A number of articles of late have made reference to the growing economic power levied by Brazils low income or ‘baixa renda’ classes. Accounting annually for a spending power that amounts to R$530 billion (US$250 Billion), these classes represent 87% of the Brazilian population, yet are largely invisible in public discourse about Brazil’s consumer society and historically ignored by the fields of the media, marketing, research amongst others.
Sundays edition of O Estado newspaper carried the headline that ‘Purchases amongst (Social) Class C attracts multinationals’. This new class C, the emerging Brazilian middle class, who have in recent months attracted the attention of Wal-Mart and Kimberley Clark amongst others, are seen as a base of sleeping consumers in the emerging economic pyramid. The effect of increased spending is being seen by multinationals in sectors as diverse as cars, cosmetics, mobile phones and nappies.
Growing access to credit have in part fuelled the spending power Brazil’s lower socioeconomic classes. Renato Meirelles, sócio-diretor do Instituto Data Popular, states that 59,1% of social class C now possess at least 1 creedit card. Card owners in class D represent 50,2%, 43,9% of class E also possessing a card.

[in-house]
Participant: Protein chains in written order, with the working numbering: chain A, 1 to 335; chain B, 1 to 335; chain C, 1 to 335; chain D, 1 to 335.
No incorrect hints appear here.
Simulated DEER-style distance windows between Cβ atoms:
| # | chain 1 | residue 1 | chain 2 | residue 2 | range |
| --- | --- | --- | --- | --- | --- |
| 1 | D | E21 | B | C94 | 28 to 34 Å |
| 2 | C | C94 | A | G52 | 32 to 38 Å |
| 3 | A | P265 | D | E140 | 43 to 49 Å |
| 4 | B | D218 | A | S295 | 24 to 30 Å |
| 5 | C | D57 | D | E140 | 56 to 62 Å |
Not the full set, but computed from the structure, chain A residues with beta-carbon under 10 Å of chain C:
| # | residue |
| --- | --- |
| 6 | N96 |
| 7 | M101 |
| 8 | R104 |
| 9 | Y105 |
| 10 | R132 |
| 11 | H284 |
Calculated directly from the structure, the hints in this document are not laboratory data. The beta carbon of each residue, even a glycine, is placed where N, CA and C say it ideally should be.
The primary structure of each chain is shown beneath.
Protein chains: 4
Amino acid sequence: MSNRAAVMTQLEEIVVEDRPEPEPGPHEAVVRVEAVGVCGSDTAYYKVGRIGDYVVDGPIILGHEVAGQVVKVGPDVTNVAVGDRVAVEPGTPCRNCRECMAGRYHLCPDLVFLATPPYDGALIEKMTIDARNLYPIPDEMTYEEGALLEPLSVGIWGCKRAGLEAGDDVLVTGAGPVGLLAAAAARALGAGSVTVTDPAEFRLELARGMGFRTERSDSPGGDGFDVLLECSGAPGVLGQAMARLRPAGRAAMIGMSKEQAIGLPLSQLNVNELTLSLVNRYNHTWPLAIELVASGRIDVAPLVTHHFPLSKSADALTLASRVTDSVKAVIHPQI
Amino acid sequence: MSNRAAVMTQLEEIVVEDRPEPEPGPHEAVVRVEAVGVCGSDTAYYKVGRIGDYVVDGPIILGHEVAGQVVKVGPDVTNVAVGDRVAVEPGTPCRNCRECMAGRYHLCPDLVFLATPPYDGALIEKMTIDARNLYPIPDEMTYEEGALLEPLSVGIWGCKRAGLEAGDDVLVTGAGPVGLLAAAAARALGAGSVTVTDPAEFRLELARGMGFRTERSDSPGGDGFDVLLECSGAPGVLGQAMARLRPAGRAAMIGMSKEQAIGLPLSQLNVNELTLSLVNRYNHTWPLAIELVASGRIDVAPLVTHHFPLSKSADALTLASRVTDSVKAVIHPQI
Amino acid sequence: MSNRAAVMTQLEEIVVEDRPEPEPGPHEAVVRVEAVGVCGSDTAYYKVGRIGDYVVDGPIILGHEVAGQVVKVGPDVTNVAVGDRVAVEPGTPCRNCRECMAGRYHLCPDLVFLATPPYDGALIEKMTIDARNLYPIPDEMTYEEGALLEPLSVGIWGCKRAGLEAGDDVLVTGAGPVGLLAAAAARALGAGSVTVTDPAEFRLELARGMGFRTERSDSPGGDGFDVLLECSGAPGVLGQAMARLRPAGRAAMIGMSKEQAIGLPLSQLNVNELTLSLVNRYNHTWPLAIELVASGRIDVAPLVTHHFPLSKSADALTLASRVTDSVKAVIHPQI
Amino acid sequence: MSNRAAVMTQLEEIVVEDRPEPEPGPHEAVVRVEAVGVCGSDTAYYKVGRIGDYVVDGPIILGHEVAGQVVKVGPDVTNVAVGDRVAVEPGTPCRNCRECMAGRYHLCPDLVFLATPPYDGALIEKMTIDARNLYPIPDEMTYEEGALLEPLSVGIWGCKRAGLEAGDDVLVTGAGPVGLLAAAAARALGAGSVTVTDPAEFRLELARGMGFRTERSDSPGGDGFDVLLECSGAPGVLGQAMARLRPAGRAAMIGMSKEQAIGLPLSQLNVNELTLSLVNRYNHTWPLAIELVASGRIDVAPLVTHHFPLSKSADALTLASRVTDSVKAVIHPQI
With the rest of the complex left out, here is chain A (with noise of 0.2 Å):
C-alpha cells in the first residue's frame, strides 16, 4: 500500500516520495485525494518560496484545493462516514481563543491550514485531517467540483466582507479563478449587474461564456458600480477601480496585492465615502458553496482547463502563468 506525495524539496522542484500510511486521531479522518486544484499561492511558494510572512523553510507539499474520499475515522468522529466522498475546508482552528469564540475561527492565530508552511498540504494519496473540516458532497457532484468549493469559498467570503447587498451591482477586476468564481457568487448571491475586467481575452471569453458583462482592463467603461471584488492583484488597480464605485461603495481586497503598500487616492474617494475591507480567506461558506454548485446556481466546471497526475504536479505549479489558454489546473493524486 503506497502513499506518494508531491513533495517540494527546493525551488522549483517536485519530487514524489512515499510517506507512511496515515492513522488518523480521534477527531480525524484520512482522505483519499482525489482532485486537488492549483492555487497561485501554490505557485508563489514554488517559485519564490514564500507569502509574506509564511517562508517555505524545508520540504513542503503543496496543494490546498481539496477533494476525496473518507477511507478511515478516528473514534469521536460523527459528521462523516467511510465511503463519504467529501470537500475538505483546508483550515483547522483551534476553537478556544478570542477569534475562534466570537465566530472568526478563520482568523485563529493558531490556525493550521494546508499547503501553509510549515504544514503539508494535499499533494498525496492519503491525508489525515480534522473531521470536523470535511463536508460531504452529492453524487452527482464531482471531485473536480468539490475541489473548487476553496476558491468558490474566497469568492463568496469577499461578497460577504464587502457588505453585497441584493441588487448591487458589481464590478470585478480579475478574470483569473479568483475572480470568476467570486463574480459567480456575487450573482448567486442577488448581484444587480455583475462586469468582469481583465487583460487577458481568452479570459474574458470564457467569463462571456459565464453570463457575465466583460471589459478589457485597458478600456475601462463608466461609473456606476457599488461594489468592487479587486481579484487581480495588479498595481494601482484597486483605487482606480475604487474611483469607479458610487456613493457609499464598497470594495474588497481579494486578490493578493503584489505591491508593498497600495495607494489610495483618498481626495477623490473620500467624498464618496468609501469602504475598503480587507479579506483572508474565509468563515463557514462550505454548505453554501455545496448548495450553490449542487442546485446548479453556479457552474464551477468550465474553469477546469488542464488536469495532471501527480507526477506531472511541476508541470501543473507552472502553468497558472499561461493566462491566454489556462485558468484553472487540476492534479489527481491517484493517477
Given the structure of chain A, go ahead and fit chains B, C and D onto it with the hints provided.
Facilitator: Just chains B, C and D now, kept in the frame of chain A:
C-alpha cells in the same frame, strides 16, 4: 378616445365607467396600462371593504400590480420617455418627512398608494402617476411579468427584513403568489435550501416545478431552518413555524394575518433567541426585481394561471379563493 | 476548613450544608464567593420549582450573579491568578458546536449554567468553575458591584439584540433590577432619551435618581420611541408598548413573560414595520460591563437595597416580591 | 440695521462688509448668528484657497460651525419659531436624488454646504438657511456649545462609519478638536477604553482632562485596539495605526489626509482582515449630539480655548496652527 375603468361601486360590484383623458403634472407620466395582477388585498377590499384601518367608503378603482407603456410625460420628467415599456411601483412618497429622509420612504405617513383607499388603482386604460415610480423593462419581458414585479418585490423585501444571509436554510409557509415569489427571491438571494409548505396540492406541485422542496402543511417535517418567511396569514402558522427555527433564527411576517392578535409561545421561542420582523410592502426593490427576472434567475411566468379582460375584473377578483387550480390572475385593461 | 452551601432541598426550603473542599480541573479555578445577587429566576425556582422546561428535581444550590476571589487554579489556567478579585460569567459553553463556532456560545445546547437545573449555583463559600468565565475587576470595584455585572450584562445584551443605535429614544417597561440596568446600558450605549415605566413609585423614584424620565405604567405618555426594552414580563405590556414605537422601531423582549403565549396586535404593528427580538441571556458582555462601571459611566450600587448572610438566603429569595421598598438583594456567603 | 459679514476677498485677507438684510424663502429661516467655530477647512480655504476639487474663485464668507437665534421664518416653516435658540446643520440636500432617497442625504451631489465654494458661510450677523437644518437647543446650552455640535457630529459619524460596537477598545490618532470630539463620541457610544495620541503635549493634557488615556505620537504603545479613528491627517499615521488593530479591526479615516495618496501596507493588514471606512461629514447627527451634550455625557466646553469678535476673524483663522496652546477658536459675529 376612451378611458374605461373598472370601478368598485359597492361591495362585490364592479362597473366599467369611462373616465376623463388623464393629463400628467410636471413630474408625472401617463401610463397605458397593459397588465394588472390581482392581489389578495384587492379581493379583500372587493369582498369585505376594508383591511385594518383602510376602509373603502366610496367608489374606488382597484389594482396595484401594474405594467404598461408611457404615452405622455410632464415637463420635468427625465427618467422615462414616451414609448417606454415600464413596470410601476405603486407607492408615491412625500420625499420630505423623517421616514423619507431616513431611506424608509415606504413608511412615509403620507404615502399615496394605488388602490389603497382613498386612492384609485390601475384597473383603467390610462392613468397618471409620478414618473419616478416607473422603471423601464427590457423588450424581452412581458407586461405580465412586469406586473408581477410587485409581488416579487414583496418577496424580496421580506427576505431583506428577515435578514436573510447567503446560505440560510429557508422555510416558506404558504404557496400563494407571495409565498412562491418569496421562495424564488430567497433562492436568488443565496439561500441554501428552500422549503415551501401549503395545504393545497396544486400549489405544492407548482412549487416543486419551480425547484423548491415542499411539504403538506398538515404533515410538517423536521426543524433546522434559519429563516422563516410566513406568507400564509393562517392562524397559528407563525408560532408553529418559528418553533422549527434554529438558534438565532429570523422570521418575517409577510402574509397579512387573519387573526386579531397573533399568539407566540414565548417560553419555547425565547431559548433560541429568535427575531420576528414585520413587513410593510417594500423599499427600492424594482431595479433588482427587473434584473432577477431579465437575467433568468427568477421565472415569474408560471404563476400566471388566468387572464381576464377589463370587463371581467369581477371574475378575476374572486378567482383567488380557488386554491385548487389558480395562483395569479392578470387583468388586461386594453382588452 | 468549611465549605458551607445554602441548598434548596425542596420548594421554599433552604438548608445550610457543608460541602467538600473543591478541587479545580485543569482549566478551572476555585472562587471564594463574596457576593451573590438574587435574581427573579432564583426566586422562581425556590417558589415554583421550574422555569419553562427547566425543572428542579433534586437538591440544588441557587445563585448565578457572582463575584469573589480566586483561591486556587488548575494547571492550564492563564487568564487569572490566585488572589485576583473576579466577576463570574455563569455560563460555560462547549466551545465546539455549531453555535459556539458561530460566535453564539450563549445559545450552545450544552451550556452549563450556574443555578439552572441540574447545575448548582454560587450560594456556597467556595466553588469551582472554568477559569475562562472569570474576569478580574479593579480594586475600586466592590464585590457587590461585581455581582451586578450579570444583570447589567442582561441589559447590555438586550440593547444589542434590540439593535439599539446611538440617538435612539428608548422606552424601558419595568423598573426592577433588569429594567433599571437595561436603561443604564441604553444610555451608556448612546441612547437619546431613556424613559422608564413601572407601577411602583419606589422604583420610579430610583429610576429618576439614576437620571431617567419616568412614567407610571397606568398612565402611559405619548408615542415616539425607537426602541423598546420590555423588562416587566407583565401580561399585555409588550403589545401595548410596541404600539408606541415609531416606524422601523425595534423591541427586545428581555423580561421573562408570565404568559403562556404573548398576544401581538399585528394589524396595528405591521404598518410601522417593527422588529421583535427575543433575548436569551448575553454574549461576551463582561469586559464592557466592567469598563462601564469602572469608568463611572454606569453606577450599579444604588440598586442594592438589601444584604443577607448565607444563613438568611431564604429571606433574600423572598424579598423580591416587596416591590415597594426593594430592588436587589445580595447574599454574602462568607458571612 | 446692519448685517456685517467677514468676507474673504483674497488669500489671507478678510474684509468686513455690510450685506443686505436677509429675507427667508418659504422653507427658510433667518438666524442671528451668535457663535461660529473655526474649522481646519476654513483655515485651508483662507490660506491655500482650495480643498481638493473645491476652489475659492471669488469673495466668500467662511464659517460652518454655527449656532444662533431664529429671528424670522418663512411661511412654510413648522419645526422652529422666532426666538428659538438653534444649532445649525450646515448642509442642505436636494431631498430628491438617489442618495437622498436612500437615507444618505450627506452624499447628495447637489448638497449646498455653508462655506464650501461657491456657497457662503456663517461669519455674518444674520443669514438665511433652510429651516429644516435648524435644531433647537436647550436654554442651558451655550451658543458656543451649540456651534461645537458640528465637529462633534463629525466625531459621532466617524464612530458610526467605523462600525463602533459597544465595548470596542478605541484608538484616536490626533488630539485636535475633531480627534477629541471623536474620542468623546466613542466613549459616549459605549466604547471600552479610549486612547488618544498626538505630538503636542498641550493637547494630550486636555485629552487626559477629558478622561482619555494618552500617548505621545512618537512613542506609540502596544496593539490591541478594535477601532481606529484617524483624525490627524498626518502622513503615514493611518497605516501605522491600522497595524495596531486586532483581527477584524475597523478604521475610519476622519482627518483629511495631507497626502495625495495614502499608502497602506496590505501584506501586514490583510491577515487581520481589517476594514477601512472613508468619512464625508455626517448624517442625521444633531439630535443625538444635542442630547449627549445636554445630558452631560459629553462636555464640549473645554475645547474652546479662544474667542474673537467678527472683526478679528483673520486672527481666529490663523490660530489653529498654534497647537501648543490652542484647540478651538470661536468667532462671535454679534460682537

Such change possibly helps explain another story picked up on in recent days. Neogama/BBH, one of the country’s leading advertising agencies sponsored an employee tour of various low income neighborhoods of Sao Paulo. The days schedule included a number of activities for its workers: how to go shopping on a limited budget in favela markets or to work as street salespeople. Nestle have sent entire teams into favelas to better understand the feeding habits of locals and fuel thinking on suipply strategies. The VP of creative at Leo Burnett, Ruy Lindenburg stated that “what we found is that those of lower income do have some money in their pockets to spend”. Johnny Wei of Nestle argued that understanding how to shift out of a middle class perspective and speak to this population remains the key challenge. Major agencies have been seeking to work with NGO’s such as Afroreggae as a means if initiating discussion with poorer communities. Such middlemen are now consulting with major brands including Natura (cosmetics), Banco Real and Petrobras (energy).
Restructuring brands and products to both appeal and be accessible to lower income families is nothing new according to the article in O Estado. Whirlpool, for example, earlier this year launched new products from just R$329 ($150 US) after discovering the power of the favela purse.